Thursday, September 18, 2008

Is Health Care a Right or Privilege?

Is health care a right or privilege? First, one must make the distinction between health and health care. To have one's health is a privilege. Similarly, the Declaration of Independence does not state that everyone has the right to happiness. Rather, everyone has the right to the 'pursuit of happiness.' Many people may choose not to pursue happiness. That is equally their right. Applied to health care, one might argue that someone who chooses not to live a healthy life style has made the choice not to pursue their health. Thus, they have given up their right to health care. In this context, the right to health and, therefore, health care, becomes a thorny question. However, this premise is flawed when applied to health and health care. 

The pursuit of health most commonly requires access to health care. One may have chosen to eat poorly, exercise infrequently, and become obese with other medical conditions. If this is same chronically ill person chooses to change his life, he will most likely require access to health care. The chronically ill are often disenfranchised because they have lost jobs or not well educated. They are much more likely not to have the income of their healthy counterparts. It becomes a vicious cycle with a downward spiral. The sicker one becomes the less likely they are to have the means to work and make enough money to afford health care. Without health care, they cannot get the treatment to become healthy and get back to work or living a fulfilled life. 

The measure of a great nation should be in its ability to care for its people. A great nation should give its people the access to health care and the chance to live full lives. Access to health care allows a person who (by his own choice or not) has become ill or downtrodden by poor health the chance to gain back his/her vitality. It is an obligation of the rich (the 'haves') to provide health care for the less fortunate (the 'have nots') such that all can pursue their 'right to health.' There is absolutely no greater gift a nation, through its government and the vote of its people, can give than this inalienable right. 


Ryan Carroll said...

Your presentation of the downward spiral non-universal healthcare illustrates is completely correct. In a study I read a couple months ago, the sociologists estimated that more than 39% of homeless people are suffering from some sort of mental handicap. I definitely agree that it should be somehow implemented, but as I mentioned in class, the raised taxes (which the study showed 7/10 people were willing to pay) would leave the very people the plan is trying to help even more troubled. A healthy person in poverty would not be affected other than being pushed farther into debt because he or she does not reap any benefits. My mother for example, barely made it by week by week on her low paying job as a secretary, making rent only by my father's chlid support. Now, though, that my sister and I are 18, the convenience of that money is gone, leaving her barely scraping by and on the very edge of having to move out. So, yes, universal healthcare is a must, but instead of taking it from taxes, we should instead take it out of the paycheck of Tom Brady and the rest of the professional athletes who contribute nothing to society except hard hits and impeccable hand eye coordination. If it is every going to happen, the United States must first reorder its priorities before the growing problems in our society (homeless, unemployment, football) push it completely out of reach.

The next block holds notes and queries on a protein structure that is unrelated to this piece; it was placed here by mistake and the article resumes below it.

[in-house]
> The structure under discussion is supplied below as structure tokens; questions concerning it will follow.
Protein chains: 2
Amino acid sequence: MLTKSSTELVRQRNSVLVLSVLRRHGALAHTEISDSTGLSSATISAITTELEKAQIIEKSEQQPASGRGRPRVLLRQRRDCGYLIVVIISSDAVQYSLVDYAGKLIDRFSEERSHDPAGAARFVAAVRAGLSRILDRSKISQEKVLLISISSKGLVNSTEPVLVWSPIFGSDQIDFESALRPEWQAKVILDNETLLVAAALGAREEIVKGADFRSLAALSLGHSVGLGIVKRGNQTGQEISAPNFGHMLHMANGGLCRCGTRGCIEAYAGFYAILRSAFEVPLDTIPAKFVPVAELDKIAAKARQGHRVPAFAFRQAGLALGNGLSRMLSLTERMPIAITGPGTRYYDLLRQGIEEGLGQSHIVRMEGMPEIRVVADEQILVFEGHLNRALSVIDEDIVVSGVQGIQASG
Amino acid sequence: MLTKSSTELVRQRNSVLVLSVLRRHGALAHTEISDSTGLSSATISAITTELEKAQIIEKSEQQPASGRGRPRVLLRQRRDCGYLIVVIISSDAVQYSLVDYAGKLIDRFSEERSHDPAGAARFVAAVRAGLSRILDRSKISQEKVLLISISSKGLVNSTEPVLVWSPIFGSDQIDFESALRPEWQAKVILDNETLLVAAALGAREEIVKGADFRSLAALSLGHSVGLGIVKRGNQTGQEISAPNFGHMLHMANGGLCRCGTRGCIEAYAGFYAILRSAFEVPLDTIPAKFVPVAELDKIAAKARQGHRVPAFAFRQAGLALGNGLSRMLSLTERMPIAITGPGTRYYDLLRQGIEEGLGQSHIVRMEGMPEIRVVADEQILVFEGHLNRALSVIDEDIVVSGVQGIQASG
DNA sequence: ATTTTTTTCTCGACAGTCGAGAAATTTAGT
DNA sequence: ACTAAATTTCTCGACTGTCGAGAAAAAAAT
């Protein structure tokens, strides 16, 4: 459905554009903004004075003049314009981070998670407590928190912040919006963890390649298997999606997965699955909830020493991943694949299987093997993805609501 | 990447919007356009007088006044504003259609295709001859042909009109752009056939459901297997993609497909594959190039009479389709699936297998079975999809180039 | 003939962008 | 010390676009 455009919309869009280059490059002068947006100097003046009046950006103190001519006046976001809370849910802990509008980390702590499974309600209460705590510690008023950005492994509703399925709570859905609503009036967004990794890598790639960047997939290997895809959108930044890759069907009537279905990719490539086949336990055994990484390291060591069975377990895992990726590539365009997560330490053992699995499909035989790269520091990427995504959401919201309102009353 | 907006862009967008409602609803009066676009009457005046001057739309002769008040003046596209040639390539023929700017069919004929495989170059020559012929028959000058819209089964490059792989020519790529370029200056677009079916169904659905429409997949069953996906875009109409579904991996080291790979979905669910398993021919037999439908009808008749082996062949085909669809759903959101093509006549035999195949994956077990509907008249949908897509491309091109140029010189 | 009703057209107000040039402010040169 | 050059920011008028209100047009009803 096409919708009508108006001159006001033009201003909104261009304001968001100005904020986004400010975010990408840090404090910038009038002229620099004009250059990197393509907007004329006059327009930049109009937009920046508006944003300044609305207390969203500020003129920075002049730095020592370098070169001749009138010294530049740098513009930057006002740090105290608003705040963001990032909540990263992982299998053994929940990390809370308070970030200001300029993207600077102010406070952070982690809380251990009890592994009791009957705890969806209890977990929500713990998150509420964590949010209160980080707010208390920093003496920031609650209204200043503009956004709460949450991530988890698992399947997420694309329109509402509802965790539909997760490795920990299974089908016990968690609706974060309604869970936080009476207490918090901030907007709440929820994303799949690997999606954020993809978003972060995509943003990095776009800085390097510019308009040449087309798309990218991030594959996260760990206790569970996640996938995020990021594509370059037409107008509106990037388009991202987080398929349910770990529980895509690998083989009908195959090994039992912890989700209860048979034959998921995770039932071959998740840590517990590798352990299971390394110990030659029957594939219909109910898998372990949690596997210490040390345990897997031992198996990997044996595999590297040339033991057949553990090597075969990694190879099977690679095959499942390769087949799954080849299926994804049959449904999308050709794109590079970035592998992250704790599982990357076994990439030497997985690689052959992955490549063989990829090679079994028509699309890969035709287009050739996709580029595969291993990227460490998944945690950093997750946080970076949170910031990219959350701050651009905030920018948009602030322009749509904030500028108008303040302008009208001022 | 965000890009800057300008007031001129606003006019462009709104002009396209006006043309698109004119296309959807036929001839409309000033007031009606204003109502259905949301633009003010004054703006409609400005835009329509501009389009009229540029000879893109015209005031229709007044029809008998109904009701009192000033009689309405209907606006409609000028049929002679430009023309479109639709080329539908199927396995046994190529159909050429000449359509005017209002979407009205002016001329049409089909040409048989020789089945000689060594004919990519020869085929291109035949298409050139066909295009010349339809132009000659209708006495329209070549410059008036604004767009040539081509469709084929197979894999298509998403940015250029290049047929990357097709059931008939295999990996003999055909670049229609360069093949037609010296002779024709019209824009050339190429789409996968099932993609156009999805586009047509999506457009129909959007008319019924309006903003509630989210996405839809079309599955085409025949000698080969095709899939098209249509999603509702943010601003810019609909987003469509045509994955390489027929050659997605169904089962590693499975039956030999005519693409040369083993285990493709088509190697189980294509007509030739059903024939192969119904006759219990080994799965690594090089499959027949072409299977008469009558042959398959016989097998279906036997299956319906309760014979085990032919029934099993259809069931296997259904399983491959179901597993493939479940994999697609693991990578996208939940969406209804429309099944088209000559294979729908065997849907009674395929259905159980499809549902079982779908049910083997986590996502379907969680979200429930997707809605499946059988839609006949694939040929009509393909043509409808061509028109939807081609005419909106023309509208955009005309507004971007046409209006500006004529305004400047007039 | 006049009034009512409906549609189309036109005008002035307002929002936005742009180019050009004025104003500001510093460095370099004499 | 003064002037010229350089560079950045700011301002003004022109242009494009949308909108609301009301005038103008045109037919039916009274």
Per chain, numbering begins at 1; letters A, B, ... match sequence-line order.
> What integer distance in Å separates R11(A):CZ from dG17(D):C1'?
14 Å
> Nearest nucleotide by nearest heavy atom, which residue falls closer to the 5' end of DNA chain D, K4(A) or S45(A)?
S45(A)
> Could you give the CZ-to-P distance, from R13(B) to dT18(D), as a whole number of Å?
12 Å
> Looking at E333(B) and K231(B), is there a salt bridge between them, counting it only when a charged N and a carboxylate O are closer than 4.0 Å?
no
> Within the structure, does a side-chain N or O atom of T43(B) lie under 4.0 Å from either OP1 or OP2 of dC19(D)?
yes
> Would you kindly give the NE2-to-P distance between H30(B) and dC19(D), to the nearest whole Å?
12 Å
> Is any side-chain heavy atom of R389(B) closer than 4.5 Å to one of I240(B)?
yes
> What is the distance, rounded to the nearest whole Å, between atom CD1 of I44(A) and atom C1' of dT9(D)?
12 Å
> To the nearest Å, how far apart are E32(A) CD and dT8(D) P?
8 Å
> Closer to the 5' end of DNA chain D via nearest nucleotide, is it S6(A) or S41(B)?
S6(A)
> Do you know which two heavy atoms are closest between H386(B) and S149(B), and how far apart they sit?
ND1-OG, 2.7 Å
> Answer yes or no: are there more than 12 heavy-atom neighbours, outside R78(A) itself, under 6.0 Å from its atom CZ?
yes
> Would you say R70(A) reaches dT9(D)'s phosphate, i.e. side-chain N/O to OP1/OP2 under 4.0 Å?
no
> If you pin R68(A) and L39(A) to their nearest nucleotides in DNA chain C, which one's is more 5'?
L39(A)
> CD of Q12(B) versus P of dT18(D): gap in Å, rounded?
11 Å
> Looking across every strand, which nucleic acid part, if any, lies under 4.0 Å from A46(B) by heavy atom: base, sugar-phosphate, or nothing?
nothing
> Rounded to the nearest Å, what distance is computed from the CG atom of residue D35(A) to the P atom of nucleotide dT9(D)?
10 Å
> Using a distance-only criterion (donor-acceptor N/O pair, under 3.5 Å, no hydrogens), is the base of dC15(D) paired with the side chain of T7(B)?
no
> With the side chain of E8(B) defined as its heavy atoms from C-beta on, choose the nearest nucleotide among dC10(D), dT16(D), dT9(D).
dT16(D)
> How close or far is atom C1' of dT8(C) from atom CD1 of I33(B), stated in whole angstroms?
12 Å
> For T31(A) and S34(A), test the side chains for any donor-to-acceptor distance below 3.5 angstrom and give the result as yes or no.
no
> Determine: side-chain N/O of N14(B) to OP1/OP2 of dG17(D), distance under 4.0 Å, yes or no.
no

Paul Bendor-Samuel said...

I agree that the measure of a great nation is how well it takes care of its people. I also agree with you that people have the right to pursue good health. What I do not agree with is the statement that the rich are obligated to provide for the poor. It is the job of the nation to provide, not the rich or well-off. Now if the wealthy feel so inclined as to help those less fortunate then they are going above and beyond the call of a good citizen. To take away from those wealthy is unfair to say the least. The whole “take from the rich and give to the poor” ideology is flawed. That ideology assumes that everyone is equal and consequently deserves the same things. I argue that people do not all deserve the same things. When you examine the peoples salutations, yes it might be true that the poor or sick often did not have many options to escape there current plight, but the wealthy very often worked very hard to get to where they are. Now if all that you are proposing is a graduated tax system, I would find that acceptable.